posted by Forktine at 6:25 AM on October 8, 2011 [1 favorite]


Which, yes, is saying that someone with chronic pain, or dealing with bad nausea as a side effect from other drugs, should not own a gun

No, it's saying that someone with chronic pain, or dealing with bad nausea as a side effect from other drugs, has a choice under this new, ridiculous and unconstitutional exercise of executive power, whether on the one hand to purchase yet another gun by simply holding off on smoking pot long enough to honestly attest to not being a drug user or, on the other hand, to keep smoking pot and just be content with the guns they already own. Given the fact that I don't think there's any legitimate self defense justification for owning a gun in the United States, I think that anyone who chooses to arm themself against an imaginary fantasy threat instead of choosing effective medication for an actual illness is foolish.

And honestly, that's kind of nuts, which is why people keep addressing this, and presumably why you keep ducking the question.

I haven't ducked any question. If you're the sort of person who is convinced that you need to have a gun for some reason, buy the gun first, then, once you already own the gun, then start legally using medical marijuana. But if you put gun ownership in front of medication for illness on your heirarchy of personal importance, I contend that you are a fool.
posted by The World Famous at 10:49 AM on October 8, 2011


If you're the sort of person who is convinced that you need to have a gun for some reason, buy the gun first, then, once you already own the gun, then start legally using medical marijuana. But if you put gun ownership in front of medication for illness on your heirarchy of personal importance, I contend that you are a fool.

Again, it's not that simple. A lot of people already have guns, or a concealed-carry permit or whatever -- now they have to be afraid to sign up for a medical marijuana card, lest someone put two and two together to get a felony (and there is no "hold off on smoking pot long enough to honestly attest to not being a drug user" option: the AG made it clear that merely having a medical card constitutes reasonable cause). Likewise, a lot of people already have medical marijuana cards -- now they have to be afraid to get into shooting, even if it's just target shooting with a .22 rifle. That's bullshit any way you slice it, and has nothing to do with "putting gun ownership in front of medication for illness on your heirarchy of personal importance".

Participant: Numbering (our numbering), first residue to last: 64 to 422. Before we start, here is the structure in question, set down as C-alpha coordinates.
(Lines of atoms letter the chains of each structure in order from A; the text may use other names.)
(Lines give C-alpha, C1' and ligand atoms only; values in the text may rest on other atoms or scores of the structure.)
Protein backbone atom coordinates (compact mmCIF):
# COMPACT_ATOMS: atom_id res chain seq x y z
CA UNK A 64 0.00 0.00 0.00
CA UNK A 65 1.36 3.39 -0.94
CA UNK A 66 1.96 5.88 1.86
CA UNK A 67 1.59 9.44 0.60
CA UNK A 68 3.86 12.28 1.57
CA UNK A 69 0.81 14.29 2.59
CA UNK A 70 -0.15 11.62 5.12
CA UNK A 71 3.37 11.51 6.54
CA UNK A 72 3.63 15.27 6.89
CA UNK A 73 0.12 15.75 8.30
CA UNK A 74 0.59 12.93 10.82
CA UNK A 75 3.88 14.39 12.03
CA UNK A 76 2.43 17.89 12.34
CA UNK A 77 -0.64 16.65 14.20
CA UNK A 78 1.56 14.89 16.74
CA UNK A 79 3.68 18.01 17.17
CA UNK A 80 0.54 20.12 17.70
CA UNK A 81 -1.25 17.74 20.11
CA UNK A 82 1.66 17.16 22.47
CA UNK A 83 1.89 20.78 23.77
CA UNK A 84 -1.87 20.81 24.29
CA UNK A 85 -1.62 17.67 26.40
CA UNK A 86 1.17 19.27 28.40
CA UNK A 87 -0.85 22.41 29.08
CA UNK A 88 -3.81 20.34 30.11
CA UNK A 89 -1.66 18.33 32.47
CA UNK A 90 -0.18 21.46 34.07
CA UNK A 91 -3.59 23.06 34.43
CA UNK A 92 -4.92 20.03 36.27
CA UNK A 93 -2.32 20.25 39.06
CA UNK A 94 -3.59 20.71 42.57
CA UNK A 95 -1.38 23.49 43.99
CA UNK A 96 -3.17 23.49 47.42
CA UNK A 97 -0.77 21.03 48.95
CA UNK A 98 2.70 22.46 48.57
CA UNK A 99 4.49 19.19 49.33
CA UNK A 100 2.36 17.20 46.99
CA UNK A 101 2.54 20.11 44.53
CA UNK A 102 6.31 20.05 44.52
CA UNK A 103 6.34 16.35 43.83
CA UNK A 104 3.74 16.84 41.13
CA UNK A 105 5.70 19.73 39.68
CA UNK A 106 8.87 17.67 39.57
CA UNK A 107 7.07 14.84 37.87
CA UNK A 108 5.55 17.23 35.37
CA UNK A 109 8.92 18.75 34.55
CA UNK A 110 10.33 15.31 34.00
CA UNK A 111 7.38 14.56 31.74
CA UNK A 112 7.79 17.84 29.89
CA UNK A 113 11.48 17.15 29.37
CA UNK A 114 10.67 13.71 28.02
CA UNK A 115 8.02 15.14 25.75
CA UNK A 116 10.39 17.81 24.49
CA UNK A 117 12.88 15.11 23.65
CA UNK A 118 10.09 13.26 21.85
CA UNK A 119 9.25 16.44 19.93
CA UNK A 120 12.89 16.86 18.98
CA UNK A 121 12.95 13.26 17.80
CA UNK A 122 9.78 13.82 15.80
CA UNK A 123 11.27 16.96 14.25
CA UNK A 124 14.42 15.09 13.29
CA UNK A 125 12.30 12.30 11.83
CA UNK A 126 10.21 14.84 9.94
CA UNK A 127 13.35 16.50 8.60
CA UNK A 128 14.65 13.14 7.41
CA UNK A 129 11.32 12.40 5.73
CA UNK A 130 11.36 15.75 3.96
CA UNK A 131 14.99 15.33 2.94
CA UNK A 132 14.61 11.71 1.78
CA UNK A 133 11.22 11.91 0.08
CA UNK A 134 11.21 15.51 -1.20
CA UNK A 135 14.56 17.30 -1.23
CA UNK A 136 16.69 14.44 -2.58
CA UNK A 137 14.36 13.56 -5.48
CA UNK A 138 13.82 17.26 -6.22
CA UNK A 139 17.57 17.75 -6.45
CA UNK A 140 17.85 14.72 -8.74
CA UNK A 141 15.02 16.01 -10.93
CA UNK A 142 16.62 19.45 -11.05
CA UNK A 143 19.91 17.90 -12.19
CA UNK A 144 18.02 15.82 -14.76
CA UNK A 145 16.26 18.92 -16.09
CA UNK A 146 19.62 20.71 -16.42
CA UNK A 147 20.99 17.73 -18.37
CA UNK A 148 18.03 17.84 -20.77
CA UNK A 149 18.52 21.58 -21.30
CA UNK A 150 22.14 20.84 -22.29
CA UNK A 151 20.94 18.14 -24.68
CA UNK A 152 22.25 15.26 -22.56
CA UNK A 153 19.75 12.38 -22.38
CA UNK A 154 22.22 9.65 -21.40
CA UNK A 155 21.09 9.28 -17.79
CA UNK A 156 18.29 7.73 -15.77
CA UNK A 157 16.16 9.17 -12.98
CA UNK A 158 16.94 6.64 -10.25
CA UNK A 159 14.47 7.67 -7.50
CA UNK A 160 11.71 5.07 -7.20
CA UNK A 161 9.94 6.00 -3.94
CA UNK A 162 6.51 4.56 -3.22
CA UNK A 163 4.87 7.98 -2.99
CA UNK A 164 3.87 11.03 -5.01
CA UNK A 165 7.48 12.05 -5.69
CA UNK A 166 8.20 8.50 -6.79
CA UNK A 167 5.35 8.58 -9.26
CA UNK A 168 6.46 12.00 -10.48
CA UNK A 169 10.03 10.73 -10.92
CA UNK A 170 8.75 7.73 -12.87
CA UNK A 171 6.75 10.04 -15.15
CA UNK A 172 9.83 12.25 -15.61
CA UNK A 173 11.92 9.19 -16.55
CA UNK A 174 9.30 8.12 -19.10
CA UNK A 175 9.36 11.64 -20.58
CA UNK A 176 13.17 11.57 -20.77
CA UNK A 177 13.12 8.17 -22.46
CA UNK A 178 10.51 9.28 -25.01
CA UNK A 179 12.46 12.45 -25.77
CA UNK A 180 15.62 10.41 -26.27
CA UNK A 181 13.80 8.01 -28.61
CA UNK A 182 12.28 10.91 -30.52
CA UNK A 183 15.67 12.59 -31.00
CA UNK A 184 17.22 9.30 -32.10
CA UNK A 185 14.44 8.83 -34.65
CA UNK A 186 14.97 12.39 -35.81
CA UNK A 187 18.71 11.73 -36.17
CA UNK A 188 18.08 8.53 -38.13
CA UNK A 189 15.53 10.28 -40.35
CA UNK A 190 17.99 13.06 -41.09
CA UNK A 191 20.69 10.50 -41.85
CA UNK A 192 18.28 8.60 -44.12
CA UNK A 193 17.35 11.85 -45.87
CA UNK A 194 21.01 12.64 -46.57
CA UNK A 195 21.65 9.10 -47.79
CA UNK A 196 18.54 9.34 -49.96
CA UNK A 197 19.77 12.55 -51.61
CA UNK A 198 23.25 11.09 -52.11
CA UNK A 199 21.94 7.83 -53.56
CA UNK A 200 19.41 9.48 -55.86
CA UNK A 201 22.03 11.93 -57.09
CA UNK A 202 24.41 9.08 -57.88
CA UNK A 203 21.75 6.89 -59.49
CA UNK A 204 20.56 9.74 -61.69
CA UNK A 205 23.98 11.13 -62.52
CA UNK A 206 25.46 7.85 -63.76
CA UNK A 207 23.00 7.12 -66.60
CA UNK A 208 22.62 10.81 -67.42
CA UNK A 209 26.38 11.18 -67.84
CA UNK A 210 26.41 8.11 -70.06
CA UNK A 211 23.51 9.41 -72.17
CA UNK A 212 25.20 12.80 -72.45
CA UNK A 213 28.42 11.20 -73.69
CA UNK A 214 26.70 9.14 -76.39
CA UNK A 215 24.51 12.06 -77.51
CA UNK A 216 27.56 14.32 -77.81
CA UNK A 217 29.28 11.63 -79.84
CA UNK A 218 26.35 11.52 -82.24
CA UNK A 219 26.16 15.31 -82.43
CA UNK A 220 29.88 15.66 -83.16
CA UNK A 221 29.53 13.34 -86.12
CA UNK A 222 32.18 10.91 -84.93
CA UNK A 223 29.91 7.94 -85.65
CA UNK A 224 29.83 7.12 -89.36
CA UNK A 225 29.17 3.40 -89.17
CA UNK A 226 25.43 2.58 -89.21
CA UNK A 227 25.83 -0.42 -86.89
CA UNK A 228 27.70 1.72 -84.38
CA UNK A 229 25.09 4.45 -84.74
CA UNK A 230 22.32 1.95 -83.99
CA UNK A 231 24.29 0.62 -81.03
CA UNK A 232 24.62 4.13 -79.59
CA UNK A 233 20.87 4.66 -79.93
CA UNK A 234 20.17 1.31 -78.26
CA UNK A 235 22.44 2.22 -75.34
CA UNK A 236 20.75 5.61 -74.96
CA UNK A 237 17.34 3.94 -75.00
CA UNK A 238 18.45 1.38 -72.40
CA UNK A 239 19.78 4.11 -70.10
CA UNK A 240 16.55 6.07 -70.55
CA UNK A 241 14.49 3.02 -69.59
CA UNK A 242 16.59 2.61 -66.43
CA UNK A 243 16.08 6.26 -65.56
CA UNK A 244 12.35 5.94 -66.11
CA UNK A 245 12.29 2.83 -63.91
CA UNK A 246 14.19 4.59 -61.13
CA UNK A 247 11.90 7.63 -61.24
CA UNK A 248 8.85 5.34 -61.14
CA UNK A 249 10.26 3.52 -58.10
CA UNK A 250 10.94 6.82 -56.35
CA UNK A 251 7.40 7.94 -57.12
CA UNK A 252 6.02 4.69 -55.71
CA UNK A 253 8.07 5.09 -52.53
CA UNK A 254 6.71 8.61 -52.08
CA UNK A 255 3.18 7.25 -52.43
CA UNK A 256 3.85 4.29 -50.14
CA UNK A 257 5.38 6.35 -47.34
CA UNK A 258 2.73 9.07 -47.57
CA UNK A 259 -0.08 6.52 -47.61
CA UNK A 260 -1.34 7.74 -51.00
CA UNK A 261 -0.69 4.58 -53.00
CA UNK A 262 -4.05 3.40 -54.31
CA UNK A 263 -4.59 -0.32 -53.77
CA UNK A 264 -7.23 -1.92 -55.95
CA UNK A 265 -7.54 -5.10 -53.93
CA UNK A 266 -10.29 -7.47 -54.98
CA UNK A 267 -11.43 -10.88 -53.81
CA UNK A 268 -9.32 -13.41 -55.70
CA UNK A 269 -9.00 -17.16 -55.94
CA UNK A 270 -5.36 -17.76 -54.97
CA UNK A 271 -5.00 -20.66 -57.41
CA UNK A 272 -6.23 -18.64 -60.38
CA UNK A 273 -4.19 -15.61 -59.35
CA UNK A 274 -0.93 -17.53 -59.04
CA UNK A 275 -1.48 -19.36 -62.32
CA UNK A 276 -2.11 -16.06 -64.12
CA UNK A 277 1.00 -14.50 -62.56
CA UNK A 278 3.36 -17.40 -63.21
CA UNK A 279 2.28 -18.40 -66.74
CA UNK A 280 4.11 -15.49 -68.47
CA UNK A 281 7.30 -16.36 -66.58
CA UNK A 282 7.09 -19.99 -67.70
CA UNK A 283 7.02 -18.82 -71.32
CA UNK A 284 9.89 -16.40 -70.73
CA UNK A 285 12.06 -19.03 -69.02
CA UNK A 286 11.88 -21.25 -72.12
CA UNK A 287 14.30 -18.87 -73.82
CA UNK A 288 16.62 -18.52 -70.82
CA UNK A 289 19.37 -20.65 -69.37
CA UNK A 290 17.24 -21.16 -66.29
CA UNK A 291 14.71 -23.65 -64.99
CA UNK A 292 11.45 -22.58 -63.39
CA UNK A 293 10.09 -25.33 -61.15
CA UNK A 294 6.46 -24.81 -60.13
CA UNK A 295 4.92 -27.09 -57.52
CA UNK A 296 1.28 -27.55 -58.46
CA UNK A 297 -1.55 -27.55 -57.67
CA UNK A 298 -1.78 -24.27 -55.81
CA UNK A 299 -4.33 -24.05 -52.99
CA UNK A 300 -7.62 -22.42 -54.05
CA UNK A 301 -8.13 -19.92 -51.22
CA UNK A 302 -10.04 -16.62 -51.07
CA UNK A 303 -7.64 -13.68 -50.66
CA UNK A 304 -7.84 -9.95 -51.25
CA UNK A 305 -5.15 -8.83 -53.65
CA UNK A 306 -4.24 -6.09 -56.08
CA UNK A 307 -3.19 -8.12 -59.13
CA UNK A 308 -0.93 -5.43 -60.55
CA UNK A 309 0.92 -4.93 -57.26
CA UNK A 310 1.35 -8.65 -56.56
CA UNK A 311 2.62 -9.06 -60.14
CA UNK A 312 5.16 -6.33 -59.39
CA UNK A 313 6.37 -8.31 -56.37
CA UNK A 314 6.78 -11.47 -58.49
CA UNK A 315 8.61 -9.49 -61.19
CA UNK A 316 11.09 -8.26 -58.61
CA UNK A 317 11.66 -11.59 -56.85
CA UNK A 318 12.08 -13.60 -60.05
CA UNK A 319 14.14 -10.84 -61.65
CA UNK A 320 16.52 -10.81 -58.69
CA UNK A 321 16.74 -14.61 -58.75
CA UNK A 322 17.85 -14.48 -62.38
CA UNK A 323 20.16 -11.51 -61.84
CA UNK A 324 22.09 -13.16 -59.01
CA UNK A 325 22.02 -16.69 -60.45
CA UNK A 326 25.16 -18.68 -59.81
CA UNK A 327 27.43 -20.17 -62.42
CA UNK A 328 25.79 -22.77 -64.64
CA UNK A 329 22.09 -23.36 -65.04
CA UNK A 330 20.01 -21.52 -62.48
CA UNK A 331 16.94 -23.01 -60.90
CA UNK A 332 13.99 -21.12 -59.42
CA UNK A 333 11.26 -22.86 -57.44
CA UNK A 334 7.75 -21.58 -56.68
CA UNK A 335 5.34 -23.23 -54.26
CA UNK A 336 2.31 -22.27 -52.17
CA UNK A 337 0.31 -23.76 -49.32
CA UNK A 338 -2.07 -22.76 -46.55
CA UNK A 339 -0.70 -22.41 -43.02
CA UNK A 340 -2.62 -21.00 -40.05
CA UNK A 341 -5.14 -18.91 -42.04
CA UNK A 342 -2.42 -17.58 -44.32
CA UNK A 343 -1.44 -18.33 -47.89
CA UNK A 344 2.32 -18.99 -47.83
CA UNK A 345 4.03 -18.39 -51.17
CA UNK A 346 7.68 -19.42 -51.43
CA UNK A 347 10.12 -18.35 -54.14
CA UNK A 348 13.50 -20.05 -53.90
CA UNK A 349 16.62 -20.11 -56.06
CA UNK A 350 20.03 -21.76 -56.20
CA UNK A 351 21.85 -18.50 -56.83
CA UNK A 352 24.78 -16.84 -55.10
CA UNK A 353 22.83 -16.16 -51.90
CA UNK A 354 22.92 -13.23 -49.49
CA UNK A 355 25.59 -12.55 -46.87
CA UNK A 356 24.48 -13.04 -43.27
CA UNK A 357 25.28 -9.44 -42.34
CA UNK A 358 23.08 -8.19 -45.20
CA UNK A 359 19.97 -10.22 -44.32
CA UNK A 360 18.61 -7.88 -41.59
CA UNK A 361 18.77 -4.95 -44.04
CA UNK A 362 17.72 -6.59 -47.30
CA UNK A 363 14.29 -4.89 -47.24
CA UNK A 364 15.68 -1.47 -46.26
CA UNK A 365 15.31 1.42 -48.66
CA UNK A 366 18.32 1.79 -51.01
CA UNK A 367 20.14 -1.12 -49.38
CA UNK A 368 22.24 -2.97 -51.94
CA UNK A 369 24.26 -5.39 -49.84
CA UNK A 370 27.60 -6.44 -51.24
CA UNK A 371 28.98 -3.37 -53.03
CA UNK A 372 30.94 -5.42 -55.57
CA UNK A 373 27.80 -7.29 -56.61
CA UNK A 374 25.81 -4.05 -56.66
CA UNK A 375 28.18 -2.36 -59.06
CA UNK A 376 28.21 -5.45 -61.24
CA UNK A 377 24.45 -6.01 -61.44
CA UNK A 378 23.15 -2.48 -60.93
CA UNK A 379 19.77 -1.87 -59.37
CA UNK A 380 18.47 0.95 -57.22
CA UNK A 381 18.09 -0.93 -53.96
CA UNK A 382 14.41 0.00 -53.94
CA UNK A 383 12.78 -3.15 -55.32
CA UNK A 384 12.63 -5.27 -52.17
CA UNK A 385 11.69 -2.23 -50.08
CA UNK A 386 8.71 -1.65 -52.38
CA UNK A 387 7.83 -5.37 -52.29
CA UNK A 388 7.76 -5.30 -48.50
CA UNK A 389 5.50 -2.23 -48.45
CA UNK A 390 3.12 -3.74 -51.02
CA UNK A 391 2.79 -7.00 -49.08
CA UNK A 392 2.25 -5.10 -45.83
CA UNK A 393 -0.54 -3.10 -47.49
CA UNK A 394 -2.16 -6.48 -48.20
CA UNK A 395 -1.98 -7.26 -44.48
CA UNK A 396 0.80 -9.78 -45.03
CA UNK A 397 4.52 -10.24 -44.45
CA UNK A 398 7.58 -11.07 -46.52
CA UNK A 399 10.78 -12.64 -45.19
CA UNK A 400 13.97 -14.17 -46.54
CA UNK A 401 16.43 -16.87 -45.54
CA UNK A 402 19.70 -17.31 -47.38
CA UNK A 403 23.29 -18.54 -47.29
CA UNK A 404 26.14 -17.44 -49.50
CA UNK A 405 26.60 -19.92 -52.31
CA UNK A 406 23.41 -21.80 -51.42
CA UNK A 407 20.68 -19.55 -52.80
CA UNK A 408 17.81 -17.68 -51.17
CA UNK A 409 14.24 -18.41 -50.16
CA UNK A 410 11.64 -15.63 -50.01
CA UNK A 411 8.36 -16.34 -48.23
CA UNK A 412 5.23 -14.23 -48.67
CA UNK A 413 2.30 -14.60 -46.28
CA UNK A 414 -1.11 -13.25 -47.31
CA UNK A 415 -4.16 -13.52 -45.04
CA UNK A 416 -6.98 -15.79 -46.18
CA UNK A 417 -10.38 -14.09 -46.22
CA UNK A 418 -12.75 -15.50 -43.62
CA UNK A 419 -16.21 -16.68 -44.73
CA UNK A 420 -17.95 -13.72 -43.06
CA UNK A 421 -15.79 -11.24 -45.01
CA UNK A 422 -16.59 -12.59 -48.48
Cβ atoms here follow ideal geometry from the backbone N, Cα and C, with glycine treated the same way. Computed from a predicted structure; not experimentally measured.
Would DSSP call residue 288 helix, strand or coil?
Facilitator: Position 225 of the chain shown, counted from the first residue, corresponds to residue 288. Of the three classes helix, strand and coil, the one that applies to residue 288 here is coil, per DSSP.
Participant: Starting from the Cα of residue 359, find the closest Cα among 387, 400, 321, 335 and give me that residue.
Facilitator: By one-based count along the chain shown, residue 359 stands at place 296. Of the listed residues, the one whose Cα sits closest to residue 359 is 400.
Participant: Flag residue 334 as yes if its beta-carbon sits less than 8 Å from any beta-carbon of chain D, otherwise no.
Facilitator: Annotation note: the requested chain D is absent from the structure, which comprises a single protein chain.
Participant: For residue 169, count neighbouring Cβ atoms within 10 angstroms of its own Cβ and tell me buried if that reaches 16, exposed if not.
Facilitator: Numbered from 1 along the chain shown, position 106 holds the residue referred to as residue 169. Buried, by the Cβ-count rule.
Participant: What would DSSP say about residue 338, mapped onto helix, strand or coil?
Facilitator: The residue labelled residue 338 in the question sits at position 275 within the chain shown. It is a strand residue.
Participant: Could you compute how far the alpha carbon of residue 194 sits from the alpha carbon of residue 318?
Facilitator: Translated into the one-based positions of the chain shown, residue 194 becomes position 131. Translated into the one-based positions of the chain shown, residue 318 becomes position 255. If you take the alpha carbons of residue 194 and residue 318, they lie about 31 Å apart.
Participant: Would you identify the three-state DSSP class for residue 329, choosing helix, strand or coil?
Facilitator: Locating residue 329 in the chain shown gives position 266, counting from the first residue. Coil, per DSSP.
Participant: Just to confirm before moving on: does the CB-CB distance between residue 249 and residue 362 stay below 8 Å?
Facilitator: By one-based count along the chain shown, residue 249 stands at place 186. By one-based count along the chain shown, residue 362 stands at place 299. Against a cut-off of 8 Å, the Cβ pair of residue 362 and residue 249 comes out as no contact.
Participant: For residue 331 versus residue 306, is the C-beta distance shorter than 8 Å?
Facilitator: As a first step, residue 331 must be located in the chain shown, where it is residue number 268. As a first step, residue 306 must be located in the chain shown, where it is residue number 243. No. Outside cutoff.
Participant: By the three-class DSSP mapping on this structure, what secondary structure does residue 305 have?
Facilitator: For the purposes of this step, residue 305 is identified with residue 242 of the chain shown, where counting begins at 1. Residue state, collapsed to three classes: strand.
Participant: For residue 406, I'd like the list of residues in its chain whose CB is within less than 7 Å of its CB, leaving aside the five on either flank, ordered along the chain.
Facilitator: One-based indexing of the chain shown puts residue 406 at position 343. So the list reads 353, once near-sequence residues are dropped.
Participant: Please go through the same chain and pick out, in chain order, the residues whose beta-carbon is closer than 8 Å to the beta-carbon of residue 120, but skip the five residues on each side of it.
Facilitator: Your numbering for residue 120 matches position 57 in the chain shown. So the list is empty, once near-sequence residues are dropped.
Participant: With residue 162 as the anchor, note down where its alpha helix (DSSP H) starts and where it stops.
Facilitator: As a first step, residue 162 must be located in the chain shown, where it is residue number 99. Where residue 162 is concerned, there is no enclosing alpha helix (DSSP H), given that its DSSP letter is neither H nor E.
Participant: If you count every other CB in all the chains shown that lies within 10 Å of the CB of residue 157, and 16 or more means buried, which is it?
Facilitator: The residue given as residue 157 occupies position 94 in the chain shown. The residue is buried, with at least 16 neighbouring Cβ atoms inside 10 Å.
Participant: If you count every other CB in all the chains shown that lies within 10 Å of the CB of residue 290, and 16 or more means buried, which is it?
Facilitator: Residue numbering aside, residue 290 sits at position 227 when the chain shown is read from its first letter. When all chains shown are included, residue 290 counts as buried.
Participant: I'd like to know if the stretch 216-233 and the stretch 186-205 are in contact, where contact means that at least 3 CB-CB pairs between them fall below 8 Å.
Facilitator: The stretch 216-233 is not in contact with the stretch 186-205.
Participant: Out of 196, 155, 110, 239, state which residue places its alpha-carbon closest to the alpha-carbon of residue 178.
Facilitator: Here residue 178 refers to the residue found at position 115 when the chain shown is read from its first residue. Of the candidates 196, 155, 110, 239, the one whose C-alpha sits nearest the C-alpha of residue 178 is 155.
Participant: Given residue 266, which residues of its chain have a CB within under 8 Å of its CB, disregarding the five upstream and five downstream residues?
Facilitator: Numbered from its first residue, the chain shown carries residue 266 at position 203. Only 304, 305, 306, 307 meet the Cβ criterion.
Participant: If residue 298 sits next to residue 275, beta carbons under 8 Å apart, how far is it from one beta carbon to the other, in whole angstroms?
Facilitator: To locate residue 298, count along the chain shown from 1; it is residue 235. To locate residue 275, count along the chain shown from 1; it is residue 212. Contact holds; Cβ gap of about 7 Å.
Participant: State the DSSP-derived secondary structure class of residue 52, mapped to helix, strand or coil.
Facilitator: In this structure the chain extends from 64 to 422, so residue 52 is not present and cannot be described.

Besides, it's a lot easier and less-illegal to get pot under-the-table in states like California (and probably even Colorado) than it is to buy a gun that way, so I'm not sure why it's not at least equally "foolish" to choose legal pot over legal guns. The risk of being on a Government List Of People Who Might Have A Growroom is and has always been greater than being on a List O' Gunowners -- the Feds really do show up in black helicopters and take people away for growing weed.
posted by vorfeed at 1:46 PM on October 8, 2011 [1 favorite]


You're right, vorfeed. It's bullshit and, as you pointed out, it has nothing to do with what I wrote.
posted by The World Famous at 2:30 PM on October 8, 2011


You're right, vorfeed. It's bullshit and, as you pointed out, it has nothing to do with what I wrote.

Of course it has to do with what you wrote. You keep asserting that there's an easy choice, here: "I think anyone sick enough to need medical marijuana but unwilling to give up their concealed handgun in order to have that medication is an idiot", "whether on the one hand to purchase yet another gun by simply holding off on smoking pot long enough to honestly attest to not being a drug user or, on the other hand, to keep smoking pot and just be content with the guns they already own". You also keep asserting that one only needs the right "heirarchy of personal importance" to avoid being a "fool" and an "idiot" with respect to that choice.